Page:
One can certainly make the basic definitions, and the real issue is to show that the definition "works" using any etale map from a scheme. More precisely, the real work is to show that a weaker definition actually gives a good notion: rather than assume representability of the diagonal, it suffices that $R := U \times_S times_X U$ is a scheme for some scheme $U$ equipped with an etale representable map $U \rightarrow X$. Or put in other terms, we have to show that if $U$ is any scheme and $R \subset U \times_S times U$ is an 'etale subsheaf which is an etale equivalence relation then the quotient sheaf $U/R$ for the big etale site actually has diagonal (over $S$) representable in schemes. Indeed, sometimes we want to construct an algebraic space as simply a $U/R$, so we don't want to have to check "by hand" the representability of the diagonal each time.
That being done, then the question is: which objects give rise to a theory with nice theorems? For example, can we always define an associated topological space whose generic points and so forth give good notions of connectedness, open behavior with respect to fppf maps, etc.? (The definition of "point" needs to be modified from what Knutson does, though equivalent to his definition in the q-s case.) The truth is that once the theory is shown to "make sense" without q-s, it turns out that to prove interesting results one has to assume something extra, the simplest version being the following weaker version of q-s: $X$ is "Zariski-locally q-s" in the sense that $X$ is covered by "open subspaces" which are themselves q-s. This is satisfied for all schemes, which is nice. (There are other variants as well.)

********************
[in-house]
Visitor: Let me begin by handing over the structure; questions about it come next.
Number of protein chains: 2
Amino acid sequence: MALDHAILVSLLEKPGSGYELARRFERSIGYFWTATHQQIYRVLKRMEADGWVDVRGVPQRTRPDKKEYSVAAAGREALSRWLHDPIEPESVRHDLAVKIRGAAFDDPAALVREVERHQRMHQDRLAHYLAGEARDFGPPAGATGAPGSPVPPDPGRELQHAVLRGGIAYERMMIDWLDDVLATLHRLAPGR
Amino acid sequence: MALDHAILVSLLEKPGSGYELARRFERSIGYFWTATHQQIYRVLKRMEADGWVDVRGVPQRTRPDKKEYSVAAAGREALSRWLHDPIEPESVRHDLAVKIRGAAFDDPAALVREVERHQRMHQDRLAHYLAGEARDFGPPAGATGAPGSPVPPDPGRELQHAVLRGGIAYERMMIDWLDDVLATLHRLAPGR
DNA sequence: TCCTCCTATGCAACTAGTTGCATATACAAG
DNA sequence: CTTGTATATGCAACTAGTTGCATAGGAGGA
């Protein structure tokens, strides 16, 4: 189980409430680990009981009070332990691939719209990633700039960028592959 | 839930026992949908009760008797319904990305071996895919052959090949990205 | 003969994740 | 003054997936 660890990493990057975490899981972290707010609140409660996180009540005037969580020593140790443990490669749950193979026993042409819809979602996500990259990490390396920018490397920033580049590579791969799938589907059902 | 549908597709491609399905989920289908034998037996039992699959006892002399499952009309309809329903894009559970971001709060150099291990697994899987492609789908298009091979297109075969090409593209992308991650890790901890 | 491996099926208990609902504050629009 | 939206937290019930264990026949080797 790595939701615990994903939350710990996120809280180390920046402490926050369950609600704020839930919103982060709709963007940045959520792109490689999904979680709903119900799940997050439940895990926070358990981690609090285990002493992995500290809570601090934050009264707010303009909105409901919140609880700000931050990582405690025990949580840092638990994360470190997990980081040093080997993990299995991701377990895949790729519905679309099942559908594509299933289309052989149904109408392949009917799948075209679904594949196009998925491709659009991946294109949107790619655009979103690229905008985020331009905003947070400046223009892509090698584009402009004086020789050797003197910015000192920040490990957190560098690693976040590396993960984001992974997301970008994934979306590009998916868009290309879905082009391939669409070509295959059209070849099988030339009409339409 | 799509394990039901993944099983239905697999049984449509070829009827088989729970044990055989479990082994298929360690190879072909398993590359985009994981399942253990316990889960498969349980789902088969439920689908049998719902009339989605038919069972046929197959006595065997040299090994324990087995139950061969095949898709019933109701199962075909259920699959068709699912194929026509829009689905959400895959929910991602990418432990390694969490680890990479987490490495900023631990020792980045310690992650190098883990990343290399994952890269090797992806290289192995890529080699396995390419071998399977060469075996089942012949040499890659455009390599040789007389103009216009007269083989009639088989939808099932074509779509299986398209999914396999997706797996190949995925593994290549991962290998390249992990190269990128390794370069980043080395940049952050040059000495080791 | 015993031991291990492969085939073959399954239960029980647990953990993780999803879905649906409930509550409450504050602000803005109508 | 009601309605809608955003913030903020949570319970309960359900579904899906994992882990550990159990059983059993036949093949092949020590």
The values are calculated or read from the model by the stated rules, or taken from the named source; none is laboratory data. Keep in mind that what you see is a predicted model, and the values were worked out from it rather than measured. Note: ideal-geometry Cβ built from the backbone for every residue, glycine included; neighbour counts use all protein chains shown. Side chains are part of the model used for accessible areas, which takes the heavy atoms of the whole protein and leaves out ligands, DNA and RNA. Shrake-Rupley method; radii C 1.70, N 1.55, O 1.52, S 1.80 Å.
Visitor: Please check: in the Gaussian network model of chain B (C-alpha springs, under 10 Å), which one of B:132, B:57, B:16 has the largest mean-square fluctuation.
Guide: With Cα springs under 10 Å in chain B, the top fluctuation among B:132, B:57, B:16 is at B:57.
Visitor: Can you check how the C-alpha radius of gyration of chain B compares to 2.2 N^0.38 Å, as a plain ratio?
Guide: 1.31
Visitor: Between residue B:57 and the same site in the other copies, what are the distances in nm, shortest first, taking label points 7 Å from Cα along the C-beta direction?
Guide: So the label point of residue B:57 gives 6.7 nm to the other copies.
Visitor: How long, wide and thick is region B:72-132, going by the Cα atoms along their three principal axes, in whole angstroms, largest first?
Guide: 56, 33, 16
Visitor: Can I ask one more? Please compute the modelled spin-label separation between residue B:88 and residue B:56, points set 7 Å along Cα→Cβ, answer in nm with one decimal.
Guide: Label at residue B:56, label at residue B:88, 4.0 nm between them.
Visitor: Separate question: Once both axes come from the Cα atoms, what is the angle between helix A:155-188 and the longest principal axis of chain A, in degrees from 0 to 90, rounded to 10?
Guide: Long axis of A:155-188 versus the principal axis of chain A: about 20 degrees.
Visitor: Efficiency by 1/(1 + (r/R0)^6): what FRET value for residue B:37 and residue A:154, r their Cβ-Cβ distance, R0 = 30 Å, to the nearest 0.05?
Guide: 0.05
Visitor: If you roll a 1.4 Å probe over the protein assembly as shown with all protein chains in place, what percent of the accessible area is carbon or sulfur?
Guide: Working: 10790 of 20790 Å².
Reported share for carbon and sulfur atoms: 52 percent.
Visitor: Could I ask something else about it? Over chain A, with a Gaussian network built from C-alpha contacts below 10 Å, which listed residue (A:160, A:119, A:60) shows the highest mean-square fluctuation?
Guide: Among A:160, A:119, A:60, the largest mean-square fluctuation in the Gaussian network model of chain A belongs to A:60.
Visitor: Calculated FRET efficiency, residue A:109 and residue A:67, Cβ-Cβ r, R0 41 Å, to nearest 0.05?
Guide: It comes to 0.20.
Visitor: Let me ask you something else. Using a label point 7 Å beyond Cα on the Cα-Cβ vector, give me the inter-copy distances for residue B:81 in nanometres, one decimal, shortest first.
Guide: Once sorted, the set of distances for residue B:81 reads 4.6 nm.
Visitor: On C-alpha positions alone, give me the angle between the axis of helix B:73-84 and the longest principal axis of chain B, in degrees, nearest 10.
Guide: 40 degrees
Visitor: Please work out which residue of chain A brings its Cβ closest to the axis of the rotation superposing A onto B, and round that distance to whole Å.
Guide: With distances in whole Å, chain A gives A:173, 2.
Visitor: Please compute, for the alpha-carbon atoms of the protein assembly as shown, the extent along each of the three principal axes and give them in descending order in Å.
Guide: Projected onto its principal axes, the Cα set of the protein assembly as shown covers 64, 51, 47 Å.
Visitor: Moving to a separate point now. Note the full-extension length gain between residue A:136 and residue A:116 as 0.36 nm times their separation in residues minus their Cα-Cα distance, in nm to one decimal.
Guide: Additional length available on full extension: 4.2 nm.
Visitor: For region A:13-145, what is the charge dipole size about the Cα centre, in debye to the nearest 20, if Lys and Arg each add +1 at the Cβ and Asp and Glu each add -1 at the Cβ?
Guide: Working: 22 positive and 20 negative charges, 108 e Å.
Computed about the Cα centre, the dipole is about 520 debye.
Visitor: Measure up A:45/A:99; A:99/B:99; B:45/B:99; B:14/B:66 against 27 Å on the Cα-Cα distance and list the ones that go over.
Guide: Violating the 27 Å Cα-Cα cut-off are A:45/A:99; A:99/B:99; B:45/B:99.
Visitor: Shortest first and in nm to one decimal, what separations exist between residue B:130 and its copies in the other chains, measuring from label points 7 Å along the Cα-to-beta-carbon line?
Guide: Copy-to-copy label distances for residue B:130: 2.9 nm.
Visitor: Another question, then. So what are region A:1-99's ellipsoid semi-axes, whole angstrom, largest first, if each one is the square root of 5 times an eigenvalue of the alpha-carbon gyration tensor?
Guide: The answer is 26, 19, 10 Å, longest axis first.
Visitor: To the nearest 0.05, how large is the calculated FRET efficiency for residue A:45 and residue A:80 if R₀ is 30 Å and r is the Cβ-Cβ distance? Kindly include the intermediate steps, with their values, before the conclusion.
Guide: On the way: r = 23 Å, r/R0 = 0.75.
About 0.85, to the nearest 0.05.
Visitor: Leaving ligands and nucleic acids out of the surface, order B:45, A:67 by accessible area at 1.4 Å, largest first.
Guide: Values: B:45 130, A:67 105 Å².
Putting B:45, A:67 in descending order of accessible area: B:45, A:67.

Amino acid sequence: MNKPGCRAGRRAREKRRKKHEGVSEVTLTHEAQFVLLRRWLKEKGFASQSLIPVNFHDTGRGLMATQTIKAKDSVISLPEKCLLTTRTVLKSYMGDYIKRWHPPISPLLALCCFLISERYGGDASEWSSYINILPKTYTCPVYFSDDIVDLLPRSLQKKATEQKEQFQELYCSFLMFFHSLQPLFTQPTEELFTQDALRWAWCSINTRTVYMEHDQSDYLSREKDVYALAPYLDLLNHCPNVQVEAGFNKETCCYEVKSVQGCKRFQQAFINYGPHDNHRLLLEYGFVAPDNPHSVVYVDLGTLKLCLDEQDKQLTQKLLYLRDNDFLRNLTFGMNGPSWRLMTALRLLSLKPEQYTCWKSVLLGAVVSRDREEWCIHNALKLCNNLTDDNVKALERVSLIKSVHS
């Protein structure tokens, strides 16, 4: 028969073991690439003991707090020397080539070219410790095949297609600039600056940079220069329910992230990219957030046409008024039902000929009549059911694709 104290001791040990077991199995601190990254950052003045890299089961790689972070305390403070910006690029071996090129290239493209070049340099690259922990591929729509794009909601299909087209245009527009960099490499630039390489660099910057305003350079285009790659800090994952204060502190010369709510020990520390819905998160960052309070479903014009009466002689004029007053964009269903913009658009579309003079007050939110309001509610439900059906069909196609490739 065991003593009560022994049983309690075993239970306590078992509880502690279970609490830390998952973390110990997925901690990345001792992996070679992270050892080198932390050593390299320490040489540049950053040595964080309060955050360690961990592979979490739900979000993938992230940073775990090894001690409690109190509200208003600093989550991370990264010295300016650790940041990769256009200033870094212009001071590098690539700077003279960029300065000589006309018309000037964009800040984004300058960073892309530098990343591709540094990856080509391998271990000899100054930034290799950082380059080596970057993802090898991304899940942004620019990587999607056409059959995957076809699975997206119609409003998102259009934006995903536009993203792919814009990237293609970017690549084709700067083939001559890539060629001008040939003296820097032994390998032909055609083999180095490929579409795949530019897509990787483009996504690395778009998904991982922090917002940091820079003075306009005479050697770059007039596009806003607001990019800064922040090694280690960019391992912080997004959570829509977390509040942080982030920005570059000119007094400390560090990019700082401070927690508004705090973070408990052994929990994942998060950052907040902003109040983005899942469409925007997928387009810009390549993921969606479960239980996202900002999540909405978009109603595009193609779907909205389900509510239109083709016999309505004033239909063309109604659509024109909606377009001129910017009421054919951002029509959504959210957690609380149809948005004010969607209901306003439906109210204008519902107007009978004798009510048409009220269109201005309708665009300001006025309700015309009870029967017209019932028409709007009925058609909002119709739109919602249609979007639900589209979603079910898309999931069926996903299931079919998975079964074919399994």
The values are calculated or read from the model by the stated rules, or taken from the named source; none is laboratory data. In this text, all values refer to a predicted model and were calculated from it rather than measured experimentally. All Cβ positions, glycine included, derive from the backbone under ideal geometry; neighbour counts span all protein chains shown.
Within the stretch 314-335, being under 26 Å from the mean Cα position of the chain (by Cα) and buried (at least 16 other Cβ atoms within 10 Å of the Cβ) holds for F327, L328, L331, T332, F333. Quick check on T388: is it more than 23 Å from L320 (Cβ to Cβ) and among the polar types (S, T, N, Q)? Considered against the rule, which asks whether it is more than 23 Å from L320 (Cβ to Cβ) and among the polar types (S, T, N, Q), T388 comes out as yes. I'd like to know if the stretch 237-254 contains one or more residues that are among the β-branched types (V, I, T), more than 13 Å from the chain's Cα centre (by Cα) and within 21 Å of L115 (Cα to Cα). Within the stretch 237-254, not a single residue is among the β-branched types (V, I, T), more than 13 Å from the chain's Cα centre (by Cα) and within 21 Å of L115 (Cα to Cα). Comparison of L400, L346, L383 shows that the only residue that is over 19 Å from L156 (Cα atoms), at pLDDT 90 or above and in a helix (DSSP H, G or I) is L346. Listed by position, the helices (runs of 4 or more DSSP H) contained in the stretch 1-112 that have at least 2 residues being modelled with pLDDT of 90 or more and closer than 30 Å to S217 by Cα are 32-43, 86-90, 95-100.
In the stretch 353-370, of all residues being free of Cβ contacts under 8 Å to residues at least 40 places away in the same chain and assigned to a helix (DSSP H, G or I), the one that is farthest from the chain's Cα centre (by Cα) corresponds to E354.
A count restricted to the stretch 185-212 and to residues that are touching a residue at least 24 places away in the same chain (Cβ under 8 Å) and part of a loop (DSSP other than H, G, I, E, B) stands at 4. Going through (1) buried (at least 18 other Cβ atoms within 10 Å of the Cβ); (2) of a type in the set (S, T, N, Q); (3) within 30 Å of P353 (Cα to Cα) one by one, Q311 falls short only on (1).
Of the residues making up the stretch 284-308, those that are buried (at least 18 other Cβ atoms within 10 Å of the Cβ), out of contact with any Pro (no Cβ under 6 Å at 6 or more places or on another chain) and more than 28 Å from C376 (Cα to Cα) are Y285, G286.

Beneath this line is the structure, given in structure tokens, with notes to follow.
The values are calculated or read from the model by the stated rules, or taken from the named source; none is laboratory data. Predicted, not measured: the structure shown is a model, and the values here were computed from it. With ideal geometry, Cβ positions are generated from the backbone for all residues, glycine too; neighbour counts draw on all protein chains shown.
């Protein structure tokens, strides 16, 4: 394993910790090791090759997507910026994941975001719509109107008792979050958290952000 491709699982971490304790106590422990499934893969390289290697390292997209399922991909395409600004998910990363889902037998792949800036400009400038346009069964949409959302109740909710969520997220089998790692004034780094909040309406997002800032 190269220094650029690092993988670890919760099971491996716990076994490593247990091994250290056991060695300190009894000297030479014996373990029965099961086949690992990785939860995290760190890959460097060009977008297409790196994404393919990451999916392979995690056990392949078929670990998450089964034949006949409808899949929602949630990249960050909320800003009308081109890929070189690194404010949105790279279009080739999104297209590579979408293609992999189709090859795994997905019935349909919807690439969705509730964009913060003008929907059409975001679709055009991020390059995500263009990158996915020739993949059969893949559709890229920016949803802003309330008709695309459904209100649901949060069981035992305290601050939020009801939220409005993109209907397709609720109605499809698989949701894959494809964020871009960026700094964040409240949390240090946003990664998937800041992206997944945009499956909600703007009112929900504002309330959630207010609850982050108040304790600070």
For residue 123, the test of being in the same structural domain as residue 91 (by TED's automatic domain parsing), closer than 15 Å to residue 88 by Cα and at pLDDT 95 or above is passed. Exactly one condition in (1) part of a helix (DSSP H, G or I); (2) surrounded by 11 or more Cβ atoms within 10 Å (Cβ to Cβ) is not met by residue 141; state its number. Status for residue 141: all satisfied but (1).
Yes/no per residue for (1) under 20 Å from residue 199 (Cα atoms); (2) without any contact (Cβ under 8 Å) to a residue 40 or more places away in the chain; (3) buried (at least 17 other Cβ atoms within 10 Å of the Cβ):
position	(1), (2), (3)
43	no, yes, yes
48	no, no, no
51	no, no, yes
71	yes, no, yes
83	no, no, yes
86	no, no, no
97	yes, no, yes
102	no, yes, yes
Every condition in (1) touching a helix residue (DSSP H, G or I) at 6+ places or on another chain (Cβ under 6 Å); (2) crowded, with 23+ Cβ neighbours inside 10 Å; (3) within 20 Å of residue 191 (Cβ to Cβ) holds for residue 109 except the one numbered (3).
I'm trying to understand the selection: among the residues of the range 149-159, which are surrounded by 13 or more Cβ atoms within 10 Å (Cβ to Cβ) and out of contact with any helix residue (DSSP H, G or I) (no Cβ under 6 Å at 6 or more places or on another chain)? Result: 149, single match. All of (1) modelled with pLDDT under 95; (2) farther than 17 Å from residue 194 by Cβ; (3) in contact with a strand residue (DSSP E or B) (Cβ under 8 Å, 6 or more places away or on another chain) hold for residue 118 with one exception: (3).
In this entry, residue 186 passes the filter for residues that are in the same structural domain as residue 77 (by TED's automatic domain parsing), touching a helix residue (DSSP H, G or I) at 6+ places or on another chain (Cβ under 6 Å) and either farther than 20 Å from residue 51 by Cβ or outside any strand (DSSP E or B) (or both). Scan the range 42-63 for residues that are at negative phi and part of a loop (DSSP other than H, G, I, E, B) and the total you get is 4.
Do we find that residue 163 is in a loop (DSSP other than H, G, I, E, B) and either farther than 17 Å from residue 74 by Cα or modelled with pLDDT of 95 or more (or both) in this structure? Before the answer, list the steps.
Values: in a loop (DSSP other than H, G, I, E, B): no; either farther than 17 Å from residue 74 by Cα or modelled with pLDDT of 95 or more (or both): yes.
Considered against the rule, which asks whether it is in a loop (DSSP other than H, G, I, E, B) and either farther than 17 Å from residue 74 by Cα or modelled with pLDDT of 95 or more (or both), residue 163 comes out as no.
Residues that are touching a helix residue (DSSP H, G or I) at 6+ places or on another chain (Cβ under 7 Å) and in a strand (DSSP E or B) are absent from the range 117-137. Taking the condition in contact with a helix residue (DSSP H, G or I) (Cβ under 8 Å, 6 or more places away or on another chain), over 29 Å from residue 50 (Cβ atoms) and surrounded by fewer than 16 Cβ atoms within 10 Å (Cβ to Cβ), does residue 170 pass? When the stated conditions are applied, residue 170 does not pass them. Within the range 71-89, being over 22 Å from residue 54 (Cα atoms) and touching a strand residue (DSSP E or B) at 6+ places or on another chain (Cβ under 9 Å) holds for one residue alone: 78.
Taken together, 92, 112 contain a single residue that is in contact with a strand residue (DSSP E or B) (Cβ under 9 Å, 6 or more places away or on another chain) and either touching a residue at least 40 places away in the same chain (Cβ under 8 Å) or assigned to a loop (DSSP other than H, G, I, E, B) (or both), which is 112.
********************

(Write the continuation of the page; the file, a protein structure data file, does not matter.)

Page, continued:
In the stacks project of deJong, as well as the appendix to my paper with Lieblich and Olsson on Nagata compactification for algebraic spaces, some of the weird surprises coming out of the general case (allowing objects not Zariski-locally q-s) are presented. (In that appendix we also explain why the weaker definition given above actually implies the stronger definition as in Chris' answer. This was surely known to certain experts for a long time.)